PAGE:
Dépêches

Fitch Affirms AMR Corp. and American Airlines at 'CCC'

Dépèche transmise le 24 mars 2011 par Business Wire

CHICAGO--(BUSINESS WIRE)--Fitch Ratings has affirmed the debt ratings of AMR Corp. and its principal operating subsidiary American Airlines, Inc. as follows.

AMR Corp.

--Issuer Default Rating (IDR) at 'CCC';

--Senior Unsecured Rating at 'C/RR6'.

American Airlines, Inc.

--IDR at 'CCC'.

Fitch has also assigned a rating of 'B+/RR1' to American's recently issued $1 billion senior secured notes due 2016. The notes are collateralized by airport slots, gates and international route authorities. The senior unsecured rating at the parent level applies to approximately $885 million of outstanding debt.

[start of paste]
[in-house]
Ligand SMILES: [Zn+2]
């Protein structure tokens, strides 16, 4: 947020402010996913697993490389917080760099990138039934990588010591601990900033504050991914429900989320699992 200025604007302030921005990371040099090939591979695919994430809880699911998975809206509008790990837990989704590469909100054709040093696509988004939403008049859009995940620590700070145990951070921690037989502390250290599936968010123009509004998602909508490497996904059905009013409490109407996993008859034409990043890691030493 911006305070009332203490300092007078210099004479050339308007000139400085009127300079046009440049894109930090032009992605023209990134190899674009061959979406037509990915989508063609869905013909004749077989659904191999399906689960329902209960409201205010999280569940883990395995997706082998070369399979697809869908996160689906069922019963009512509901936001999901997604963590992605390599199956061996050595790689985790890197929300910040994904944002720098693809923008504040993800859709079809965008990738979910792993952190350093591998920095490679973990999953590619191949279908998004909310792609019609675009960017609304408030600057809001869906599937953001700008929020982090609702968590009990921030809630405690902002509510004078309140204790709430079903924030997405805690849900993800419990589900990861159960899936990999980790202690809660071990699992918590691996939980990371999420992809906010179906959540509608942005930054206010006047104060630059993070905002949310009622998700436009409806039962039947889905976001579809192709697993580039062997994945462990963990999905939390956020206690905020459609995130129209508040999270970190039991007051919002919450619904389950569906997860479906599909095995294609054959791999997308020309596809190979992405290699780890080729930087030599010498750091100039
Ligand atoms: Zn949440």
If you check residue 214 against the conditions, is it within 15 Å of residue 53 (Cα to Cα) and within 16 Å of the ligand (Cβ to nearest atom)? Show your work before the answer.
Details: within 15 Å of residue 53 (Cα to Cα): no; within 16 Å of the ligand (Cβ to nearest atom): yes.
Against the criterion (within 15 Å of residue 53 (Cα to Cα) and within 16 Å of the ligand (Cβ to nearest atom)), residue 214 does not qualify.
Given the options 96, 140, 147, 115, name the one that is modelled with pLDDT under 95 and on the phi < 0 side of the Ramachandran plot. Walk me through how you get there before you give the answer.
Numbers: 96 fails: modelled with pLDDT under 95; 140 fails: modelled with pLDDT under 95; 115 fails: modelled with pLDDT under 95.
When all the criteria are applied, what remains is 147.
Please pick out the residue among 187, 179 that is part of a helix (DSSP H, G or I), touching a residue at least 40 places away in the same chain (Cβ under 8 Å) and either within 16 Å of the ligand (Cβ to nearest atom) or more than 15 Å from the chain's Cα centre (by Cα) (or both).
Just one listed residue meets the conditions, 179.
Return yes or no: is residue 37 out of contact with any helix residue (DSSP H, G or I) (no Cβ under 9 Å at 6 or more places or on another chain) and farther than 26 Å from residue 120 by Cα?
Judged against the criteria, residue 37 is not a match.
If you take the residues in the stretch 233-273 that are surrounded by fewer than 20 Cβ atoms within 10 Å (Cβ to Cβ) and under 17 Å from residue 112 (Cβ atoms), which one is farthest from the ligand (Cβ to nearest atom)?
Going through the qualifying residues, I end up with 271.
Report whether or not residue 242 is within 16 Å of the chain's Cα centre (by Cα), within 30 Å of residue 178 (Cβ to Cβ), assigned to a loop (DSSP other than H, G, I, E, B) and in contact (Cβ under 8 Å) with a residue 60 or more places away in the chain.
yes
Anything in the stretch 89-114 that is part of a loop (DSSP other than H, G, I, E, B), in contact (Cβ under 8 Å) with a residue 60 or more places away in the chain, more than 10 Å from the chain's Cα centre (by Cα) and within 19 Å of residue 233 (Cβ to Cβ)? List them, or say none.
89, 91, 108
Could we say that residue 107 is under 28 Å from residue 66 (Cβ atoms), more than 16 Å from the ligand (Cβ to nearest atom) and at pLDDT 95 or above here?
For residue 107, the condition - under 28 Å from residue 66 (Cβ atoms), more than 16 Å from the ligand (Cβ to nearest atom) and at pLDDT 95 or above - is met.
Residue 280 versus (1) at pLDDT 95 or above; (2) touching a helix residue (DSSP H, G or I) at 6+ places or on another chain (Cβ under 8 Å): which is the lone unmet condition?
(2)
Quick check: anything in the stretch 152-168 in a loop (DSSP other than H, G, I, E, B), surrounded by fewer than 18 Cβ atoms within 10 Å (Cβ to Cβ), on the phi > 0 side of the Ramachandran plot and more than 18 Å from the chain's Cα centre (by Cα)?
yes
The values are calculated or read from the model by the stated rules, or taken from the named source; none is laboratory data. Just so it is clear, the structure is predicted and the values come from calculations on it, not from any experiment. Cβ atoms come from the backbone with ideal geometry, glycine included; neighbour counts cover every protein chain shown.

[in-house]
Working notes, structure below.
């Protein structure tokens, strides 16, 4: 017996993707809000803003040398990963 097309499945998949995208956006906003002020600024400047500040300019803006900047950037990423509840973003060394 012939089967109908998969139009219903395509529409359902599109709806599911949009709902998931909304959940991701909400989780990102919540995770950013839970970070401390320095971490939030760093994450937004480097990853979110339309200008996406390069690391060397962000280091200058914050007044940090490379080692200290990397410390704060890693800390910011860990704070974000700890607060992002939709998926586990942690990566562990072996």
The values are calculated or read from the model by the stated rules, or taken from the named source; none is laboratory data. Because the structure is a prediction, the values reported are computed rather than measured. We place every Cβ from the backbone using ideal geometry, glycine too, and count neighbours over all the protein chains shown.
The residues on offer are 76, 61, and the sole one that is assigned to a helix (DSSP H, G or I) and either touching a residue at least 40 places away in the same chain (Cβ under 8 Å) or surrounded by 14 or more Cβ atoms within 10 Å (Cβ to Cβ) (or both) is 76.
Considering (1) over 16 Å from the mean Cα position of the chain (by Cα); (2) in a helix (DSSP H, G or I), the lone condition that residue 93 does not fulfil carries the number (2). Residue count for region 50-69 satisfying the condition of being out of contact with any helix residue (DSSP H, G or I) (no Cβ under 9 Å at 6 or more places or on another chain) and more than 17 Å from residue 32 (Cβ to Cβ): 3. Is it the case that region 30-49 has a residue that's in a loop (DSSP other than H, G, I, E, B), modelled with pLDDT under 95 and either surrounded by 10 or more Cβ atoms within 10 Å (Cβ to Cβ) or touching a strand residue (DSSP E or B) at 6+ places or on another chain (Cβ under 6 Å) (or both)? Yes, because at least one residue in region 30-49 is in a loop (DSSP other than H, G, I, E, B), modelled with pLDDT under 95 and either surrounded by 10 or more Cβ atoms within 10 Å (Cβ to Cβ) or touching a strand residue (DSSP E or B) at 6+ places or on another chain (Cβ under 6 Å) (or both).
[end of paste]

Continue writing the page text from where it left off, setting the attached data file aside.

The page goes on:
The ratings affirmation and the 'CCC' IDRs reflect continuing concerns surrounding the airline's very weak free cash flow (FCF) generation profile, the need to meet heavy cash obligations and limited scope for debt reduction over the next several quarters. Although AMR's relatively strong liquidity position and its continued ability to access the capital markets should provide the carrier with sufficient flexibility to meet upcoming cash commitments, the cash flow margin of safety in 2011 has been eroded by the recent run-up in crude oil and jet fuel prices.

Ratings also capture AMR's exposure to a high level of event risk, reflected most recently in the disruption of global energy markets and post-earthquake demand effects in Japan, as well as the carrier's dependence upon open capital markets to support a highly leveraged capital structure (2011 lease-adjusted leverage in excess of 8x). Given the importance of AMR's re-fleeting requirements, which will drive approximately $1.6 billion in total capex this year, and large maturities ($2.5 billion in 2011), the airline faces further deterioration of credit protection measures and a challenging operating environment.